'Troubling disregard' for rule of law

PUBLISHED : Friday, 08 May, 1998, 12:00am
UPDATED : Friday, 08 May, 1998, 12:00am

The Government has shown 'a troubling lack of commitment' to the rule of law despite the mainland's hands-off approach, according to a Washington-based democracy watchdog.


In its latest report, the National Democratic Institute highlighted post-handover developments it said had sent 'unfortunate signals'.


The 18-page document cited the recent decisions by the Department of Justice against prosecuting Xinhua for an alleged breach of privacy laws and newspaper boss Sally Aw Sian for alleged involvement in a conspiracy to defraud advertisers.


It described the decisions as 'selective non-prosecution'.


Other incidents included the handling of Taiwanese flags on October 10 last year and the recent adaptation of laws to exempt state organs from some Hong Kong laws.


Noting the Basic Law provision requiring all central government offices to abide by SAR laws, the report said: 'The new law seemingly violates this constitutional provision.' It said the SAR Government could have chosen to simply replace 'the Crown' with 'the Hong Kong Special Administrative Region' rather than 'the state'.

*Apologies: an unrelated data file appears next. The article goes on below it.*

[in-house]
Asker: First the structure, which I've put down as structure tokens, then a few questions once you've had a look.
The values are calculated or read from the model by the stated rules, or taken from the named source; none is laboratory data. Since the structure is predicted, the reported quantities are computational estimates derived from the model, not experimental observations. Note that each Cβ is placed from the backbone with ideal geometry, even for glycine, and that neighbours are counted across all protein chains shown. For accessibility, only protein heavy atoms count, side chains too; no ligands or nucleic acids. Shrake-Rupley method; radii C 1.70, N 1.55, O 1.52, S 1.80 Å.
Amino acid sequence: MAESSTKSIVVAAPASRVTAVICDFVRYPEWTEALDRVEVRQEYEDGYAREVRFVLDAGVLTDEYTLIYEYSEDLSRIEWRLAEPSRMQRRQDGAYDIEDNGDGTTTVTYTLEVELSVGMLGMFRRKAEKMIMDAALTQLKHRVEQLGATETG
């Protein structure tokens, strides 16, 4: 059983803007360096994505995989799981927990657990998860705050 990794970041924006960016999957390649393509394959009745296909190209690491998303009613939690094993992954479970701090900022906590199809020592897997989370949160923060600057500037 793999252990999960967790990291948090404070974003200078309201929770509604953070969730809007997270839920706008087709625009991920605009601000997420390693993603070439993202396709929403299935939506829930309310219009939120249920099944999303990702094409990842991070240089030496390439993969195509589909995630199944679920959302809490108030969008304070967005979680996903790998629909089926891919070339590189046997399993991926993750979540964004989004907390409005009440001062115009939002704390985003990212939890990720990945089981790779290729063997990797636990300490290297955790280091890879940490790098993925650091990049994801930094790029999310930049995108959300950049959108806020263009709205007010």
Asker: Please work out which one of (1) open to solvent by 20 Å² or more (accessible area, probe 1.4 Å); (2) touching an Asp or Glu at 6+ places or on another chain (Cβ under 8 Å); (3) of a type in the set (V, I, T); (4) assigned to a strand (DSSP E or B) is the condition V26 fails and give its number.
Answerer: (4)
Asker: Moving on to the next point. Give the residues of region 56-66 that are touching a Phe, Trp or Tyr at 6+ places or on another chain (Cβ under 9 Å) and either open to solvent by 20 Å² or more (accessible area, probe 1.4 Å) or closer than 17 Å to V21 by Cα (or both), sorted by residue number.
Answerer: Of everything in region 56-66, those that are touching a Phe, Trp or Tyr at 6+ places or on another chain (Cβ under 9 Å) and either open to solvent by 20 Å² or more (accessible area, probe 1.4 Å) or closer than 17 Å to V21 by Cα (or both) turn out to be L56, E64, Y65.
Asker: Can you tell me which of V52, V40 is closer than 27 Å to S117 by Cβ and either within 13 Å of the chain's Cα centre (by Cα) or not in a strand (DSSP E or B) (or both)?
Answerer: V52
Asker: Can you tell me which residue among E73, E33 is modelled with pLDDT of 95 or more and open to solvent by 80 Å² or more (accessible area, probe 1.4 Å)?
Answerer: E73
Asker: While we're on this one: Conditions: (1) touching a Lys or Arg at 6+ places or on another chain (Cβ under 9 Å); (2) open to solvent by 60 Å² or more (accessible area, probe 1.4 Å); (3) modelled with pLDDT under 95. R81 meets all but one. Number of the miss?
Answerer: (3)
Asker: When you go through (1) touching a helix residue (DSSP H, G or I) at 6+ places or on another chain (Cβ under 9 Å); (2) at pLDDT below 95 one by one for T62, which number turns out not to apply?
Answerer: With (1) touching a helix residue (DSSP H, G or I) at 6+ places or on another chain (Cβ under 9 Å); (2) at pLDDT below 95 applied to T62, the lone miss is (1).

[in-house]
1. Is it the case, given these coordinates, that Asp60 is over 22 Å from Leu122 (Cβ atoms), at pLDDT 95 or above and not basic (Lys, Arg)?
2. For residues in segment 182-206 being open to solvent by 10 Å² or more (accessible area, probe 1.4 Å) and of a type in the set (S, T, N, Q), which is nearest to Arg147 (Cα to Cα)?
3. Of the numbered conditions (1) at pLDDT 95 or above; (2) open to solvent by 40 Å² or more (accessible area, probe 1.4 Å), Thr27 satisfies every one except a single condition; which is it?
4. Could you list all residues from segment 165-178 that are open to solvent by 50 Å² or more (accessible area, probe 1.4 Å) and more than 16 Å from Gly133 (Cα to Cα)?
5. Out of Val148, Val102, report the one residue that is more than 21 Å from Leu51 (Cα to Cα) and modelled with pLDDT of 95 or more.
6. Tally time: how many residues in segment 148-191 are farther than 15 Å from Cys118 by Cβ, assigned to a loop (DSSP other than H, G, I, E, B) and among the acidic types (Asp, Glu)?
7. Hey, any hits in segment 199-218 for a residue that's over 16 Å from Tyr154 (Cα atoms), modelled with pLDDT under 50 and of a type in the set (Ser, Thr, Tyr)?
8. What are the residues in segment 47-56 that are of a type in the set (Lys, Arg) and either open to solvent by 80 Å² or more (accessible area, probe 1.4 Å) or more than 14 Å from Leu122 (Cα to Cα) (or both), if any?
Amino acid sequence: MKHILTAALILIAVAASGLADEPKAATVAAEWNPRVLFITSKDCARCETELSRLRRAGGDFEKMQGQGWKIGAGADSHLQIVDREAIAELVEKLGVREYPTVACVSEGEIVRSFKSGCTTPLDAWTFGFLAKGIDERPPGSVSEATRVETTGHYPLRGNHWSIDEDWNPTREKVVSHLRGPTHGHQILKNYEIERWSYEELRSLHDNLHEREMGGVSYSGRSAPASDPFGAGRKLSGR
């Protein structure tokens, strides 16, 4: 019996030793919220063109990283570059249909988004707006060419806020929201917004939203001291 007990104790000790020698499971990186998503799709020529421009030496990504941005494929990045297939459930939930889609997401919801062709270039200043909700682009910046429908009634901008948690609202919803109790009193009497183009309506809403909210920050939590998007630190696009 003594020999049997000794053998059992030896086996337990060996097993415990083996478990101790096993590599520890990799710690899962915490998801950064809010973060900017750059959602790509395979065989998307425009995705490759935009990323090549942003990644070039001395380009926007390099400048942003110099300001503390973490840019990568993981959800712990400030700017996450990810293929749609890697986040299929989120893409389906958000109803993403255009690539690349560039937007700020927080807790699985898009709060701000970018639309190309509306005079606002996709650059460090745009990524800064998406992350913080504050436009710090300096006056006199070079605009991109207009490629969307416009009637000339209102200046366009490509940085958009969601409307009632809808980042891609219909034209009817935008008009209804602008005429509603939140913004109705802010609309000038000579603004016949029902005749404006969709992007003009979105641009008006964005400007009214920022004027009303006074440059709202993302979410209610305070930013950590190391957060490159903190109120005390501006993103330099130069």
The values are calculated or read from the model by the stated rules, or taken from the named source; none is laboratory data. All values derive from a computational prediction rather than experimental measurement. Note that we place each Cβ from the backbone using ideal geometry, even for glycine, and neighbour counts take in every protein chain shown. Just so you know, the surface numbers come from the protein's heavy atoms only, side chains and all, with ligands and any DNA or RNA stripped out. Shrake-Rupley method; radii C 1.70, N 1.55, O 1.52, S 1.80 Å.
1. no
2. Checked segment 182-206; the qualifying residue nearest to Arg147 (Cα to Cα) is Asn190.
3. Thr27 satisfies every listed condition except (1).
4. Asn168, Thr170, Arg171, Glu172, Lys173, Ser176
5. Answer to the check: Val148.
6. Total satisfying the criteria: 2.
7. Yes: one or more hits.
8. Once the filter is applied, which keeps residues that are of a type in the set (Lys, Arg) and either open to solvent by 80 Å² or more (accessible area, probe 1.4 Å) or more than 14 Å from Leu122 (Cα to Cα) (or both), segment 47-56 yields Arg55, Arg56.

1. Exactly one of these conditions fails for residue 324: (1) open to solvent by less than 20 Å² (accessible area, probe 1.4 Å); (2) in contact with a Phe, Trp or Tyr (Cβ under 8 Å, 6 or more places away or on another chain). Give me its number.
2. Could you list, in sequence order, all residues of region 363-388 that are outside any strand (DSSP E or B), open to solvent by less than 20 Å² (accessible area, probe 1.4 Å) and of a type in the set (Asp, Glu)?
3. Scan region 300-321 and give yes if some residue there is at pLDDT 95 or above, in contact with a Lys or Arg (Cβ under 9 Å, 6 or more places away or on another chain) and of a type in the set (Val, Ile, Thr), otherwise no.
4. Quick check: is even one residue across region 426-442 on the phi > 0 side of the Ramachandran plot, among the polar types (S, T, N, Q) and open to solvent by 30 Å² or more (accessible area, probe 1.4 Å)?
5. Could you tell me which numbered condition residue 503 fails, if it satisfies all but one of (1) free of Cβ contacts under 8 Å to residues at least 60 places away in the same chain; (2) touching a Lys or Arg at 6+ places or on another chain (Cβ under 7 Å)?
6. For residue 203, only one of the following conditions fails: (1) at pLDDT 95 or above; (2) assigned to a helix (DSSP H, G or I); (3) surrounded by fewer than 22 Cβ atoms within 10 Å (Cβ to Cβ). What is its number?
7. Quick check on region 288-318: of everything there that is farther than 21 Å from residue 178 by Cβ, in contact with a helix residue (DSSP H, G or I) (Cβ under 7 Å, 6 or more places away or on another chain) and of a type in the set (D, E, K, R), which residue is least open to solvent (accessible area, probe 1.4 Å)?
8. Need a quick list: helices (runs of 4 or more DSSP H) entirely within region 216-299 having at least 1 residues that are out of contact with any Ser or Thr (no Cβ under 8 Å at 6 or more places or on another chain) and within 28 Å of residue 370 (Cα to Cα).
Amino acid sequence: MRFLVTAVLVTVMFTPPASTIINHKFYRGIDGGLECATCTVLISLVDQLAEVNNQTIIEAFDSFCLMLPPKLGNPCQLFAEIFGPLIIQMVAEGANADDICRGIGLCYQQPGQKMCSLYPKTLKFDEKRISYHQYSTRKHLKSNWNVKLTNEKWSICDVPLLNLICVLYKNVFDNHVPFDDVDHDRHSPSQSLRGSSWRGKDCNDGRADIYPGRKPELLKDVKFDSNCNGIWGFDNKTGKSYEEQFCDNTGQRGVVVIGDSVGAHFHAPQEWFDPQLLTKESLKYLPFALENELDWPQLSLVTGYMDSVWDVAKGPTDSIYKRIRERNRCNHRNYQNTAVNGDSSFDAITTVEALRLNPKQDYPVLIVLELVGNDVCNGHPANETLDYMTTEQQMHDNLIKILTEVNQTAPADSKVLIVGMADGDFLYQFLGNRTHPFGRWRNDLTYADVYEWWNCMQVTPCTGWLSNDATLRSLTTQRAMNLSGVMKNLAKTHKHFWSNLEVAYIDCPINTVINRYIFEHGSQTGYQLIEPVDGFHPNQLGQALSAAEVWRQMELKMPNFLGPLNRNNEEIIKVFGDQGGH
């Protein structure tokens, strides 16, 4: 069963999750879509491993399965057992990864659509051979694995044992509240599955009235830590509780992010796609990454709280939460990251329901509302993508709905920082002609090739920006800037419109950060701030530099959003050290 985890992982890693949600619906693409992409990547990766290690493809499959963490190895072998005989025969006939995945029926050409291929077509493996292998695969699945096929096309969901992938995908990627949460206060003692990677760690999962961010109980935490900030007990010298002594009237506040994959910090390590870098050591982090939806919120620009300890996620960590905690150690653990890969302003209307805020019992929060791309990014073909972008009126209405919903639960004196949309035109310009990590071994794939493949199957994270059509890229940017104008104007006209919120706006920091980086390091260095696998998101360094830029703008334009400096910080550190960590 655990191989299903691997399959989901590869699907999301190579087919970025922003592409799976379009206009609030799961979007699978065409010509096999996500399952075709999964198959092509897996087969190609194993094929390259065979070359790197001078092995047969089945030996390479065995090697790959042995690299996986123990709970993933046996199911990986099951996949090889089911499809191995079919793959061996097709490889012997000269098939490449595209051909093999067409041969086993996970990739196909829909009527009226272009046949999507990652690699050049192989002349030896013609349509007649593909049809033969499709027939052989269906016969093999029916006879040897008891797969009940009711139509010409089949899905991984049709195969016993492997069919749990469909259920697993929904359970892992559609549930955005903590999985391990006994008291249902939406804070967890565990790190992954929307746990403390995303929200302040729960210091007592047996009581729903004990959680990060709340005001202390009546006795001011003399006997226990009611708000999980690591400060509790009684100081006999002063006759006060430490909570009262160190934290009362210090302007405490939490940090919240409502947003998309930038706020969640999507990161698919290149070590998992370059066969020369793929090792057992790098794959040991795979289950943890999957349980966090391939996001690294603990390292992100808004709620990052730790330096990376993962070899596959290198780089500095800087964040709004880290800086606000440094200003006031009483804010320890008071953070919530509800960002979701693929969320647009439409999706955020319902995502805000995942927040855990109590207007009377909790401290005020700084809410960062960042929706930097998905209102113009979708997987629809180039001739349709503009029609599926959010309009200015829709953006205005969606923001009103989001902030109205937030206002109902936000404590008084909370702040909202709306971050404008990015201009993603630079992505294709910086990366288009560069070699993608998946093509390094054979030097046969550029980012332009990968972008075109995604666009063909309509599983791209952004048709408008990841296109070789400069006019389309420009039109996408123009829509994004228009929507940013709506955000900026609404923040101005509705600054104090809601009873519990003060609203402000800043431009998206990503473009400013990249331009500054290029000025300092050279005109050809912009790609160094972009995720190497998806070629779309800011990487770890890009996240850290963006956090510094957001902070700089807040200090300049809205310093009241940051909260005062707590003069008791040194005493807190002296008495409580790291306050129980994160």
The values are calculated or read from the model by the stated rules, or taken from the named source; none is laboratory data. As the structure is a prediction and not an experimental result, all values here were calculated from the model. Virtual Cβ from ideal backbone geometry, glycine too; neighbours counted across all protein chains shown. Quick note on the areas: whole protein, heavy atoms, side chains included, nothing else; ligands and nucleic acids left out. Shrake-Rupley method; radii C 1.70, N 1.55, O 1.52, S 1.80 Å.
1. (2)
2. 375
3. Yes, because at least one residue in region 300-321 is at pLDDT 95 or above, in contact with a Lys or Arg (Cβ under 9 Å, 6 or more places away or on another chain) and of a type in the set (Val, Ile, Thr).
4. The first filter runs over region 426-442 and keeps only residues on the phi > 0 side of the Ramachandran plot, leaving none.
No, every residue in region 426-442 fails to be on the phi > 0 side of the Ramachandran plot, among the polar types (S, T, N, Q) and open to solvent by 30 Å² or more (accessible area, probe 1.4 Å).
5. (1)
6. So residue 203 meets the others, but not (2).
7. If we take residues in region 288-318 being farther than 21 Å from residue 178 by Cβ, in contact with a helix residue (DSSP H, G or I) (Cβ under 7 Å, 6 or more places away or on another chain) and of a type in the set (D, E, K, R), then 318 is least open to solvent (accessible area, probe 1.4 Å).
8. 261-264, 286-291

The institute also challenged the courts' ruling on the legality of the provisional legislature and the right of abode of mainland-born children of Hong Kong parents.


It called the provisional legislature ruling 'an early, troubling indication that courts would not question the legality of an act of the sovereign even when that act violated the Basic Law'.


The decision could imply that the National People's Congress could legislate for Hong Kong in any way it saw fit, it warned.


The institute also attacked the right of abode ruling for allowing the Government's judgment about the public interest to supersede a right guaranteed in the Basic Law.


'When the rights are spelled out in the Basic Law, the courts must not defer in the adjudications of cases to the SAR administration or to mainland authorities. The . . . decisions in the right of abode case do not provide confidence that the courts can effectively protect rights guaranteed in the Basic Law,' the report said.


It stressed that the absence of direct interference from Beijing should not shield the SAR Government from criticism of its failure to commit to the rule of law and called for continual monitoring of the SAR's situation.